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When the flurry subsided, Berry began to pull the net up and pick carp from it one by one.
Repeating this process one or two times, they had enough carp to deliver to the nearby Kentucky Fish Center owned by An
gie Yu, who also operates Two Rivers Fisheries, the largest Asian carp processor and exporter in the United States.
Berry and Irwin, half-brothers originally from Washington, came to Kentucky to fish for Asian carp in November.
Irwin is a commercial fisherman who has worked all over the world, most recently in Ala
ska during the summer. For three months, he worked 20 – to 22-hour days in Alaskan wate
rs. The pay was good enough to cover a year’s worth of living expenses, but the work was extremely hard.
One day, Irwin read an internet article about Asian carp and commercial fishing in Kentucky, and immediately became interested.
inesses, McMillon said brick-and-mortar stores have become hybrid, and forward fulfillment centers.
He said Sam’s Club has been gaining strength in the country. The high-end m
embership store that was launched in China in 1996 has about 2 million members nati
onwide. By 2020, there will be 40 such clubs either in operation or in construction in the country. The format ha
s 23 stores currently in 19 cities stocking quality fresh food and membership products.
Globally Walmart has 11,300 stores, with a third of them large stores.
According to Kantar Worldpanel, in 2018 Walmart’s market share was 5.4 percent, an improvement from t
he 5.2 percent in 2017. Last year it opened 33 new stores, including 21 hypermarkets, four Sam‘s Club and eight compact stores.
Jason Yu, general manager of Kantar Worldpanel China, said Walmart has to roll out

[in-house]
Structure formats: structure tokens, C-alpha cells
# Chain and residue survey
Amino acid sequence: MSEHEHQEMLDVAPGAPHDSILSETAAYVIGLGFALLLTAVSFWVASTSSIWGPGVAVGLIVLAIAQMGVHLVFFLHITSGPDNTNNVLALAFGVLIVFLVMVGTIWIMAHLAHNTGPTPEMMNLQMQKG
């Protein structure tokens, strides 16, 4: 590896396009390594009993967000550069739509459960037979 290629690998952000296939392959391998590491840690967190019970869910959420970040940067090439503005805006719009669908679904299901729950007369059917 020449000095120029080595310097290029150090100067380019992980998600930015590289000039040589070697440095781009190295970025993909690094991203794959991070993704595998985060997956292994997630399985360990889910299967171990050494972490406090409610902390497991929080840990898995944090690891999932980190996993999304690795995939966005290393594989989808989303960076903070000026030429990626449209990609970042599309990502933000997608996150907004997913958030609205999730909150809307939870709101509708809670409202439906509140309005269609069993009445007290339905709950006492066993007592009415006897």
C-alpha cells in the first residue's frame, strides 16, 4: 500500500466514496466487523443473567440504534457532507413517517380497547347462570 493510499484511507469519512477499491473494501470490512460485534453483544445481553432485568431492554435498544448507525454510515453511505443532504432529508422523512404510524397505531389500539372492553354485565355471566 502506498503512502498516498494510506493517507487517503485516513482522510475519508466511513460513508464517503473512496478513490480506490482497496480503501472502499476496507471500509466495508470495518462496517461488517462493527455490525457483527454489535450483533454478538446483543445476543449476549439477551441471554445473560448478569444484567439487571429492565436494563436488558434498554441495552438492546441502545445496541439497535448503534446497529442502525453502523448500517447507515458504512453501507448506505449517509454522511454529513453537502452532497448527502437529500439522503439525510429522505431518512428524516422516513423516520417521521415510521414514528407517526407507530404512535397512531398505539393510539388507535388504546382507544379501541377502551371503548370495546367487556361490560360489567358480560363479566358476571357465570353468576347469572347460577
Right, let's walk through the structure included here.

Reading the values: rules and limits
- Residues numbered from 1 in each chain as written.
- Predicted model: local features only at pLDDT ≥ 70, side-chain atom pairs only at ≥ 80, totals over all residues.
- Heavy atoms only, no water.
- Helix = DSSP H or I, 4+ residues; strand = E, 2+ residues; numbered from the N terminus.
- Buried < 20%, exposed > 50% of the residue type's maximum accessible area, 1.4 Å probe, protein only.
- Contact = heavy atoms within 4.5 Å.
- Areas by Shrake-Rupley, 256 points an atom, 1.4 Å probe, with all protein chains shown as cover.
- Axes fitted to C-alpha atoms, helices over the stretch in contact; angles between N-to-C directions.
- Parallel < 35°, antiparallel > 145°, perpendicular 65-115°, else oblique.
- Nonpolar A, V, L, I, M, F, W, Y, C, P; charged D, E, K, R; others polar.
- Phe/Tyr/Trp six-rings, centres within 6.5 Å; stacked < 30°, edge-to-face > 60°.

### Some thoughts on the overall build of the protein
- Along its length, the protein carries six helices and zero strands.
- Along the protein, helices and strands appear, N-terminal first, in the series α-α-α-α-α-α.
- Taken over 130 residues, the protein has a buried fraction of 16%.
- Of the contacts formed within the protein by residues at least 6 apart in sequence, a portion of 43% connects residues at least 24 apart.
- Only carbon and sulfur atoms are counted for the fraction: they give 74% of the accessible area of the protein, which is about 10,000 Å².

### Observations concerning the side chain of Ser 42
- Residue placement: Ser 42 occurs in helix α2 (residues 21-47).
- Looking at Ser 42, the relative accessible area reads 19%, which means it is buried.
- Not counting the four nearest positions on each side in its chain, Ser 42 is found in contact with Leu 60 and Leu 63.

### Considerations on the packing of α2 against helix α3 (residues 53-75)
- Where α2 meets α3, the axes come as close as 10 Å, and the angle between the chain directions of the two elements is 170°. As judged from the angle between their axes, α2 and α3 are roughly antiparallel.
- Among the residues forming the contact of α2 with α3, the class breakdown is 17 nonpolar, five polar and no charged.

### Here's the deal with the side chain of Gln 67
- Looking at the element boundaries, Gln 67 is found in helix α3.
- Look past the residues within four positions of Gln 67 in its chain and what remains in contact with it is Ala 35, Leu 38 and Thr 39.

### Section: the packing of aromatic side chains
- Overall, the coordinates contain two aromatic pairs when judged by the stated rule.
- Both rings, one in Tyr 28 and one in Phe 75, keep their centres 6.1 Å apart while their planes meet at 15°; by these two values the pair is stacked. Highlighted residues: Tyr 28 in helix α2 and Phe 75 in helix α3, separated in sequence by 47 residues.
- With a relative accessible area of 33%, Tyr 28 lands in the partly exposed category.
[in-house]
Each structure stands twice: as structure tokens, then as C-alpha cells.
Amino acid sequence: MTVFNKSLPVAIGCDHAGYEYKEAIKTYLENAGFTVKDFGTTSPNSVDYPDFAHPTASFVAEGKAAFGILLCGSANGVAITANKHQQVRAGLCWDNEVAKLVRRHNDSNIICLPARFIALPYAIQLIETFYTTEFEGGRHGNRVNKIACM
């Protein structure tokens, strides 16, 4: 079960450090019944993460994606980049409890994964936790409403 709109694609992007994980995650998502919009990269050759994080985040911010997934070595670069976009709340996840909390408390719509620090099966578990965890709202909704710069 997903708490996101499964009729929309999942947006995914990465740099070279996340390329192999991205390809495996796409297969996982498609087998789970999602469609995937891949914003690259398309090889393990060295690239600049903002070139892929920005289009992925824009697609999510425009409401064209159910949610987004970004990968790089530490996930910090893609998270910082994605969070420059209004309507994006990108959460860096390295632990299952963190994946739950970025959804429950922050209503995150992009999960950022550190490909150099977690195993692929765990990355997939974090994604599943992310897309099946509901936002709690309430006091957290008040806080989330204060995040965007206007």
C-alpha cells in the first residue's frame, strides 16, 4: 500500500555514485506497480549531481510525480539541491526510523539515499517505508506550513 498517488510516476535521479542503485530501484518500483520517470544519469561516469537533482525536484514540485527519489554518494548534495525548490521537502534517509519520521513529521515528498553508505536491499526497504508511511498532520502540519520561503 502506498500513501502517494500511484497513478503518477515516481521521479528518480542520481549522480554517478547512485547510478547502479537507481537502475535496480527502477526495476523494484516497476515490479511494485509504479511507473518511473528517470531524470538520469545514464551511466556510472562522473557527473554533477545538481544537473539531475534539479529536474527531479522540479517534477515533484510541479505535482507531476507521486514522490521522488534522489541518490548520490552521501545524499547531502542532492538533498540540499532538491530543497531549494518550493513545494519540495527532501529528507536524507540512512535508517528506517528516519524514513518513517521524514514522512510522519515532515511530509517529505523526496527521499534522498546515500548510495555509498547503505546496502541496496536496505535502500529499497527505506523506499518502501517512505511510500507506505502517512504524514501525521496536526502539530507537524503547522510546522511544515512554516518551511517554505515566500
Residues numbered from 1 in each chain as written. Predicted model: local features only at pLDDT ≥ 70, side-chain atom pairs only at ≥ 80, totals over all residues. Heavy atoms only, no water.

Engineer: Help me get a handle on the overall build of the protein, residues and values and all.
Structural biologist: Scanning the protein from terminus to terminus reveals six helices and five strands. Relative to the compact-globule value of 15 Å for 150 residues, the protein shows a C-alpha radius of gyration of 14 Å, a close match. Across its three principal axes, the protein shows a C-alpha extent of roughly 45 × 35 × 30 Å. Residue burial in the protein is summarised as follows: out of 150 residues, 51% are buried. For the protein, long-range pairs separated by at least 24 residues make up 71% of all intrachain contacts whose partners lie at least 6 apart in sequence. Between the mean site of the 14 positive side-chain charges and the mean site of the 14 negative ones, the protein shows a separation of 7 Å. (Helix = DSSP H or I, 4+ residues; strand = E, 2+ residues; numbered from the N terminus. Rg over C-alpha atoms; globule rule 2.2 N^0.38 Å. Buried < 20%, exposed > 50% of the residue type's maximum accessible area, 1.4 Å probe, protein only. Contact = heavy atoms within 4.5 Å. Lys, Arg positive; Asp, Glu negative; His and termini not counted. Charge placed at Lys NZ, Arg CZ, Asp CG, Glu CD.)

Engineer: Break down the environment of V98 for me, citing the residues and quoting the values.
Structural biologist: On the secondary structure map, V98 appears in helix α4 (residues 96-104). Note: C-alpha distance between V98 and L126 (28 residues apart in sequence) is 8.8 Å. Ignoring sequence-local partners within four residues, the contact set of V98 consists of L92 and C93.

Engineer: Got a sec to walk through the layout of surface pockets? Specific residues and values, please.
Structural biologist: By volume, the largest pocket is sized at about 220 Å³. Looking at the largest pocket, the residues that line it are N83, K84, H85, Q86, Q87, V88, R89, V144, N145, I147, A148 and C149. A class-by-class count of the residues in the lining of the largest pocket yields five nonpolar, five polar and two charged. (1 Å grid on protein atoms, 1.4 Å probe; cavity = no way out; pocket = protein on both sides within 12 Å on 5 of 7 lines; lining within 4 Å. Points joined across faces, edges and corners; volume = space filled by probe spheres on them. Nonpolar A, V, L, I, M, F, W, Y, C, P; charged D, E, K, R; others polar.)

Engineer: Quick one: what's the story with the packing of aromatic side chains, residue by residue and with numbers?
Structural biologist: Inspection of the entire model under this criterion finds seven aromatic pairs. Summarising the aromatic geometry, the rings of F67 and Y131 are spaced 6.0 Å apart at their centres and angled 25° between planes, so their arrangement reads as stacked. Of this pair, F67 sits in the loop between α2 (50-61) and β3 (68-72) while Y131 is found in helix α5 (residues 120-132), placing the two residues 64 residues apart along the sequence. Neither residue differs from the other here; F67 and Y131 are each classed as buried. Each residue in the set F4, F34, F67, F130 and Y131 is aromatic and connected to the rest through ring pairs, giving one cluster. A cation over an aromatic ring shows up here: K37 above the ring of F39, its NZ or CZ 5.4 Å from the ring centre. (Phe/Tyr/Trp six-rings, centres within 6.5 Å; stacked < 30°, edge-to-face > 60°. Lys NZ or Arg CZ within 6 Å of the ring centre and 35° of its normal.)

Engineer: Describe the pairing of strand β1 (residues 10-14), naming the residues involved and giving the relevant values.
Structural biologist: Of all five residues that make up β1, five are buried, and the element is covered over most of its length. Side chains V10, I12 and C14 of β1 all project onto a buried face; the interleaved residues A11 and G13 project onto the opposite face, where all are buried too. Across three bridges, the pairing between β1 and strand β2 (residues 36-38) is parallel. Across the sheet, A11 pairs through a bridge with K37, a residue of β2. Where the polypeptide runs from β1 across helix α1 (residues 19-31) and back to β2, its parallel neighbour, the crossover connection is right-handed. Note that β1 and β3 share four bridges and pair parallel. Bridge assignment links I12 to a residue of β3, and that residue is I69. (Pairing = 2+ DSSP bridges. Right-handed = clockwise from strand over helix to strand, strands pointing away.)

more innovations to further improve its operational efficiency and achieve growth through
the foreign investment law, a landmark legislation that will provide stronger protection a
nd a better business environment for overseas investors. The law will become effective on Jan 1, 2020.
Artificial intelligence will bring about changes as fundamental as t
hose enabled by electrification, argues Li Kaifu, Chinese artificial intelligence specialist and fo
under of the venture capital firm Sinovation Ventures. He says that China is leading in real-world applications of AI to bus
inesses, factories and cities, and is catching up with the United States in basic research.
Li’s technological optimism contrasts with a widespread pessi
mism about technology prevalent among thinkers from Silicon Valley.
For example, famed venture capitalist Peter Theil uses the slogan “We wanted flying cars, ins
tead we got 140 characters” as the subtitle of his investment fund. In many interviews, he ha
s explained that we’ve seen “innovation in the world of bits, but not in the world of atoms”.
Gujarat in late 2001, the state was wracked with violence in which more than 1,000 people — mostly Muslims — were killed.
Although his critics say Modi didn’t do enough to stop the violence, he has always denied any involvement and has never be
en charged with a crime. A supreme court ordered investigation in India cleared him of any blame or wrongdoing.
Now after five years at the helm, he is struggling to retain the support that
saw his spectacular rise in 2014 — in contrast to his Pakistani counterpart. Imran Kh
an, the former cricket star, has been in power in neighboring Pakistan for little over half a year.
”They’re at very different points in their political trajectory,” says Madiha Afzal, a visiting fellow in the Foreign Po
licy and Global Economy and Development program at the Brookings Institution.